Boat Cabin Headroom

Accommodation plans and the domino effect.

September 19, 2012

I walked over like I belonged and nobody stopped me.

My stint as a snoop occurred at a recent Sea Ray Boats event. I snuck away from the crowd and walked behind a building, at the bottom of a hill, where a little slough of water serves the company’s Knoxville plant fuel dock. There, I spied a boat that no one was mentioning at the event taking place on the main river at the other side of the Sea Ray’s headquarters compound. It was an express cruiser, I could see, but under cover.

Continuing my bluff, I snapped off the cover and threw it aside with a flourish. I never looked over my shoulder at the guard in the booth some 100 yards away. The boat was badged “350 Sundancer” and I immediately noticed it had a unique cockpit configuration. Can you spot what I’m referring to in this picture?


There’s a reason for that chaise lounge besides the ability for a mate to recline or a pair of guests to sit high enough to enjoy the same view as the captain. The height of the lounge allows for this feature. Can you see it?

Yep, standup access to the aft cabin. Pretty neat aboard a 35-foot express cruiser. It’s also an excellent example of how changes in one part of a boat affect changes in other areas. Every boat is a compromise, as the saying goes. That’s a point to consider when you’re out shopping for your next new boat.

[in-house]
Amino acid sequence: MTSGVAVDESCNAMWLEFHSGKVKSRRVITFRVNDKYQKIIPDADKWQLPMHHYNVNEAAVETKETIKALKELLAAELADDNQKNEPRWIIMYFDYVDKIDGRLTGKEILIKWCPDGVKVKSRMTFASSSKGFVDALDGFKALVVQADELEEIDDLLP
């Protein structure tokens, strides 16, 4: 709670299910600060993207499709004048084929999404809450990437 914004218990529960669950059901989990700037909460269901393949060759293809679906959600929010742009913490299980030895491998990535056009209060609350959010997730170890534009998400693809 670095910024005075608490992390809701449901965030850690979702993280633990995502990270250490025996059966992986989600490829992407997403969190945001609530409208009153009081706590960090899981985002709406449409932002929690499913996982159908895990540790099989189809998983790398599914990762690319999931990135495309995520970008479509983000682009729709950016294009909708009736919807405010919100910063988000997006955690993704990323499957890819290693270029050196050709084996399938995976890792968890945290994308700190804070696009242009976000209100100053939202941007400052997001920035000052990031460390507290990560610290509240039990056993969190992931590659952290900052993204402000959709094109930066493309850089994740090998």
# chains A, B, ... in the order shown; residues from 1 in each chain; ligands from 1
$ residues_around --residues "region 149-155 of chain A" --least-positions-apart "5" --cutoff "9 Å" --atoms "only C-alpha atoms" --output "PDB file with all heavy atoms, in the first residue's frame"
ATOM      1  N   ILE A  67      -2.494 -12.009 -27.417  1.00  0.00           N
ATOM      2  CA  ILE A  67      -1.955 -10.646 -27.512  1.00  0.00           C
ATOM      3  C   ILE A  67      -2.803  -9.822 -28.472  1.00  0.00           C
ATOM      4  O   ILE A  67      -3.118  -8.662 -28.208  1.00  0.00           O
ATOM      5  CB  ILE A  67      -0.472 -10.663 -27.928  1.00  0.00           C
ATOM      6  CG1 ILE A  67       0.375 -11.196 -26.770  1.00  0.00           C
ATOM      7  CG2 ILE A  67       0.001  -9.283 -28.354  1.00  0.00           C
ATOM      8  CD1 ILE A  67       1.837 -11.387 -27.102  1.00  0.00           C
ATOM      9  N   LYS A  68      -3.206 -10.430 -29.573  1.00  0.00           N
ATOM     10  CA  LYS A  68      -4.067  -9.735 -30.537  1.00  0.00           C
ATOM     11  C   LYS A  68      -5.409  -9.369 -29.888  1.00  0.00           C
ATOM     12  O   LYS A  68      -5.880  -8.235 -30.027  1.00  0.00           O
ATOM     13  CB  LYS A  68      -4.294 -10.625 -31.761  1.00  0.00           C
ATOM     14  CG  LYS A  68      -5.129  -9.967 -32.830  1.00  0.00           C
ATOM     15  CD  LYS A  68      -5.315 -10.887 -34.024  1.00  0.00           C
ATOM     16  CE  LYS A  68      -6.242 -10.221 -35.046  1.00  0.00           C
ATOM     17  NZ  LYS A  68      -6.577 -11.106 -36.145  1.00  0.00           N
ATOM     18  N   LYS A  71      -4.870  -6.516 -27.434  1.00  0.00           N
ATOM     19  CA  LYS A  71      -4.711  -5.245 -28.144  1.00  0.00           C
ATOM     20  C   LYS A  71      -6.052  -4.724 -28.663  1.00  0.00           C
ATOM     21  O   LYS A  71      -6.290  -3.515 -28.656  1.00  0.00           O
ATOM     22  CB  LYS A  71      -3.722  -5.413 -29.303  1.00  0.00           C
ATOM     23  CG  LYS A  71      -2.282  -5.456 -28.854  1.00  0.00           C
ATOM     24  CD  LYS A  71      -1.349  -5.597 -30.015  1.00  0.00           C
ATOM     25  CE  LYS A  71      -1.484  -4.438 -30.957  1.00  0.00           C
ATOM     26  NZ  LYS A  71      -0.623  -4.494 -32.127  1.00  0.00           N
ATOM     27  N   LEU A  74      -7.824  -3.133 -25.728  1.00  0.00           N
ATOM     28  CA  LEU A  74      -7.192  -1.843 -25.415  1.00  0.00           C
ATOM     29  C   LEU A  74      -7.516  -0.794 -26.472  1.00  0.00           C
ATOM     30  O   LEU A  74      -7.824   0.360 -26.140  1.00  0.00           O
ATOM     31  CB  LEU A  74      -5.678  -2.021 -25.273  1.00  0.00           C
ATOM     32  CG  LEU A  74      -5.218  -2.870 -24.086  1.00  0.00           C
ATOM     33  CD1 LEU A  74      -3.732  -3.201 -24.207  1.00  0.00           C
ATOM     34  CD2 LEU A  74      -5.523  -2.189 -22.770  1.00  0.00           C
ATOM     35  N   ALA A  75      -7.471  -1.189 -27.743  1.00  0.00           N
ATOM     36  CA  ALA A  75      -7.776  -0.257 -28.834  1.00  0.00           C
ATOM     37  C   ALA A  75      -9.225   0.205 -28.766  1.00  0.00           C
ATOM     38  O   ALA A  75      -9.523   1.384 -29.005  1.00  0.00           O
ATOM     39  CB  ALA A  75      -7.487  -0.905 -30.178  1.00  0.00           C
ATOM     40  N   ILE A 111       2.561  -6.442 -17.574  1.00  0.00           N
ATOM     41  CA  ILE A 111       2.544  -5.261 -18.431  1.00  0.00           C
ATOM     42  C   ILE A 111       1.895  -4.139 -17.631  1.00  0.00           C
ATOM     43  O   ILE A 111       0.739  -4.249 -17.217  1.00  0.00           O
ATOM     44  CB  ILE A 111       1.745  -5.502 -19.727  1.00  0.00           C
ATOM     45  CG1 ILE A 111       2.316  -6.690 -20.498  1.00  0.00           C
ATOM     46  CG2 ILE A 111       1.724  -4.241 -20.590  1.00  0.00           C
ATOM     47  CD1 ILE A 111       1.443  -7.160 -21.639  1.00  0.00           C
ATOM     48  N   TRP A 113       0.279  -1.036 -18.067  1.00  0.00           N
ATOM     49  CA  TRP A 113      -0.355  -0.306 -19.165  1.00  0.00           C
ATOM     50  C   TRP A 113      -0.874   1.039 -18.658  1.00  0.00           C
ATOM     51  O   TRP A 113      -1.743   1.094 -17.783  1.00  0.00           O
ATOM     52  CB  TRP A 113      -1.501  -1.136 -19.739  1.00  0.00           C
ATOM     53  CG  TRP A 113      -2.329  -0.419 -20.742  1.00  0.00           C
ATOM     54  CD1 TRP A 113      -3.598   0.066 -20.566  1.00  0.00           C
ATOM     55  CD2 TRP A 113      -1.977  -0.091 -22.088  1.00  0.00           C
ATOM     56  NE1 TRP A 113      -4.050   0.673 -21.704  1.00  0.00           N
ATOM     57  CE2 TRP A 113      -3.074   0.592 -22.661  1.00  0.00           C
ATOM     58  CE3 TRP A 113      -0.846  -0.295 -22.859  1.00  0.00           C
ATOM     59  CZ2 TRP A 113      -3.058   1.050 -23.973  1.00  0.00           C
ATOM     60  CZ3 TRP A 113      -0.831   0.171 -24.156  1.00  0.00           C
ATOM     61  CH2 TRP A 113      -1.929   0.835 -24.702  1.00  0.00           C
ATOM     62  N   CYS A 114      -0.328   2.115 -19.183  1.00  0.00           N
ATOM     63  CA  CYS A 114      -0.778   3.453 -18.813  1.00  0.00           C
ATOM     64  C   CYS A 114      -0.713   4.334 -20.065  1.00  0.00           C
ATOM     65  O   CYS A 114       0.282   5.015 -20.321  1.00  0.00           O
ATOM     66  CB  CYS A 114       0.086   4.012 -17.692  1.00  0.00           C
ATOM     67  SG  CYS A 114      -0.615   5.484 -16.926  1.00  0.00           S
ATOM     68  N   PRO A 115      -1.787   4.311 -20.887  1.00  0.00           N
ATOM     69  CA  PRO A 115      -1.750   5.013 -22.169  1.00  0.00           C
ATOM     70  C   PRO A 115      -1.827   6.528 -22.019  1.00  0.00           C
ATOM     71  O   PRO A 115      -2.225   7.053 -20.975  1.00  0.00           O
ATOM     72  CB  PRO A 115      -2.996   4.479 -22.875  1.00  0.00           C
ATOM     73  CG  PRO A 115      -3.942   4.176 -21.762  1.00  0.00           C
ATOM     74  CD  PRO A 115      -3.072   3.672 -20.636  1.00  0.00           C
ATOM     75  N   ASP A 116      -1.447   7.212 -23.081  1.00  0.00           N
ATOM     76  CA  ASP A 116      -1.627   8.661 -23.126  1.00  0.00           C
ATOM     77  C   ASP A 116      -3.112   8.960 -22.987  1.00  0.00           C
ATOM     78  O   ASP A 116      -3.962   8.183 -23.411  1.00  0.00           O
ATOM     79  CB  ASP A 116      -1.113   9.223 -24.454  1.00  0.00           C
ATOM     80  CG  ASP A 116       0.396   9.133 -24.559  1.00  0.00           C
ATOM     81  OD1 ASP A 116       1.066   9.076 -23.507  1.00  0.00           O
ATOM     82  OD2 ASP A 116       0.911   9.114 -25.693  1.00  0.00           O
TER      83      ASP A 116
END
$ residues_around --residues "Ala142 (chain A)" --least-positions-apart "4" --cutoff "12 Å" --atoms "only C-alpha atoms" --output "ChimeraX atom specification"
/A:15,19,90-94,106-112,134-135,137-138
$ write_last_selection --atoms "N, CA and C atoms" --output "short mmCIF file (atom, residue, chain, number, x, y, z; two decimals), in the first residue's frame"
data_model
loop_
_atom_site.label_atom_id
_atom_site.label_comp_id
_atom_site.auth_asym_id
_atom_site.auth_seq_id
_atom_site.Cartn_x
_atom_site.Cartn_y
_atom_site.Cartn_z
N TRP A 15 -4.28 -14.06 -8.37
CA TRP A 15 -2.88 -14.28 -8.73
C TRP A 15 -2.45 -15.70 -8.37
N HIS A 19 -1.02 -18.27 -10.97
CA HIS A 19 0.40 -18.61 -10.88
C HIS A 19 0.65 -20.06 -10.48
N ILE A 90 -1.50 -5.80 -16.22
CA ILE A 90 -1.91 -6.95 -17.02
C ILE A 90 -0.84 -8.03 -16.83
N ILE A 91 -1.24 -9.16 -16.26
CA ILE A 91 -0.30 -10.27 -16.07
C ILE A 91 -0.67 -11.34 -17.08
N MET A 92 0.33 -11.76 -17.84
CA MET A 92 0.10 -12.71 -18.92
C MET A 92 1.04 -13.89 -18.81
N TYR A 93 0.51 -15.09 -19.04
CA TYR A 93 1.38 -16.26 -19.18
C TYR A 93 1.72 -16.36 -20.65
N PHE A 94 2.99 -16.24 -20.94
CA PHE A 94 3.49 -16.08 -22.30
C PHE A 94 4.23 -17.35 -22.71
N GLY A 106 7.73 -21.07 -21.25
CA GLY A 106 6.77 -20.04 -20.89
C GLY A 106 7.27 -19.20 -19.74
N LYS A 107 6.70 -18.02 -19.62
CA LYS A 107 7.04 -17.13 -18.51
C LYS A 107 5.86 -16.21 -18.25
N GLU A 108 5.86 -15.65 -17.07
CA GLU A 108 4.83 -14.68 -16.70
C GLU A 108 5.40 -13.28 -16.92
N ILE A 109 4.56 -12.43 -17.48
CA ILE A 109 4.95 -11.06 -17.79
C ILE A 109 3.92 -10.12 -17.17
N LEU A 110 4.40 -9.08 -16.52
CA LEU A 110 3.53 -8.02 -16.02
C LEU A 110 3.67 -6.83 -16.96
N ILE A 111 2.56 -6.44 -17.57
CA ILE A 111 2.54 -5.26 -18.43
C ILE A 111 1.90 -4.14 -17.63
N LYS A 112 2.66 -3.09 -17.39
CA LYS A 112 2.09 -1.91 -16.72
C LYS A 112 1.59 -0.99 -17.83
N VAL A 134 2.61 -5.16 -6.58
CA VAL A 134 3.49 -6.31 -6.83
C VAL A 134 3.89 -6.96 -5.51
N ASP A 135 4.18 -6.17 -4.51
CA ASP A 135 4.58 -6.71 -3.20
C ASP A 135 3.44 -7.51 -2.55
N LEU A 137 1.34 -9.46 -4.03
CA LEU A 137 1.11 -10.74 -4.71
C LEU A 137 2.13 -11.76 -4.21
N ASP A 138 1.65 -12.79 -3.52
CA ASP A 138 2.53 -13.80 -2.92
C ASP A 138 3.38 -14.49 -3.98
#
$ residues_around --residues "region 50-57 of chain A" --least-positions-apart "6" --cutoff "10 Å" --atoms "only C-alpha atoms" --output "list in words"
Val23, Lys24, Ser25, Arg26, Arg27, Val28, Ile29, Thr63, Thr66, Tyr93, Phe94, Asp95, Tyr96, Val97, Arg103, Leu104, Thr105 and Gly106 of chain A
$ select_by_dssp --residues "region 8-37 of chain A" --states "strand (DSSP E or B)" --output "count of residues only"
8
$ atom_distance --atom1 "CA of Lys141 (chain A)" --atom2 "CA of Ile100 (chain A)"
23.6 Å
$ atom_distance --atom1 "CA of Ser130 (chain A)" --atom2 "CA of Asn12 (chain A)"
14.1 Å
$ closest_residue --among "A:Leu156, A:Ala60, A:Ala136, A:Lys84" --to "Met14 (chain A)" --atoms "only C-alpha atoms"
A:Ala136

My unauthorized prowl was cut short by a burly pair of blue-suited guys who came screeching to a halt in their golf cart. I didn’t get a chance to snap more pics or see how she was powered (Though I did notice Mercruiser‘s DTS engine controls). Seems this was a prototype and not yet authorized for inspection.


I had my wrist slapped, was escorted back to the gala, and later scheduled a test of this new Sea Ray 350 Sundancer after pressing an executive for details. Look for a complete review in the months to come.

Takeaway: “If you want standing headroom, go up on deck.” –L. Francis Herreshoff


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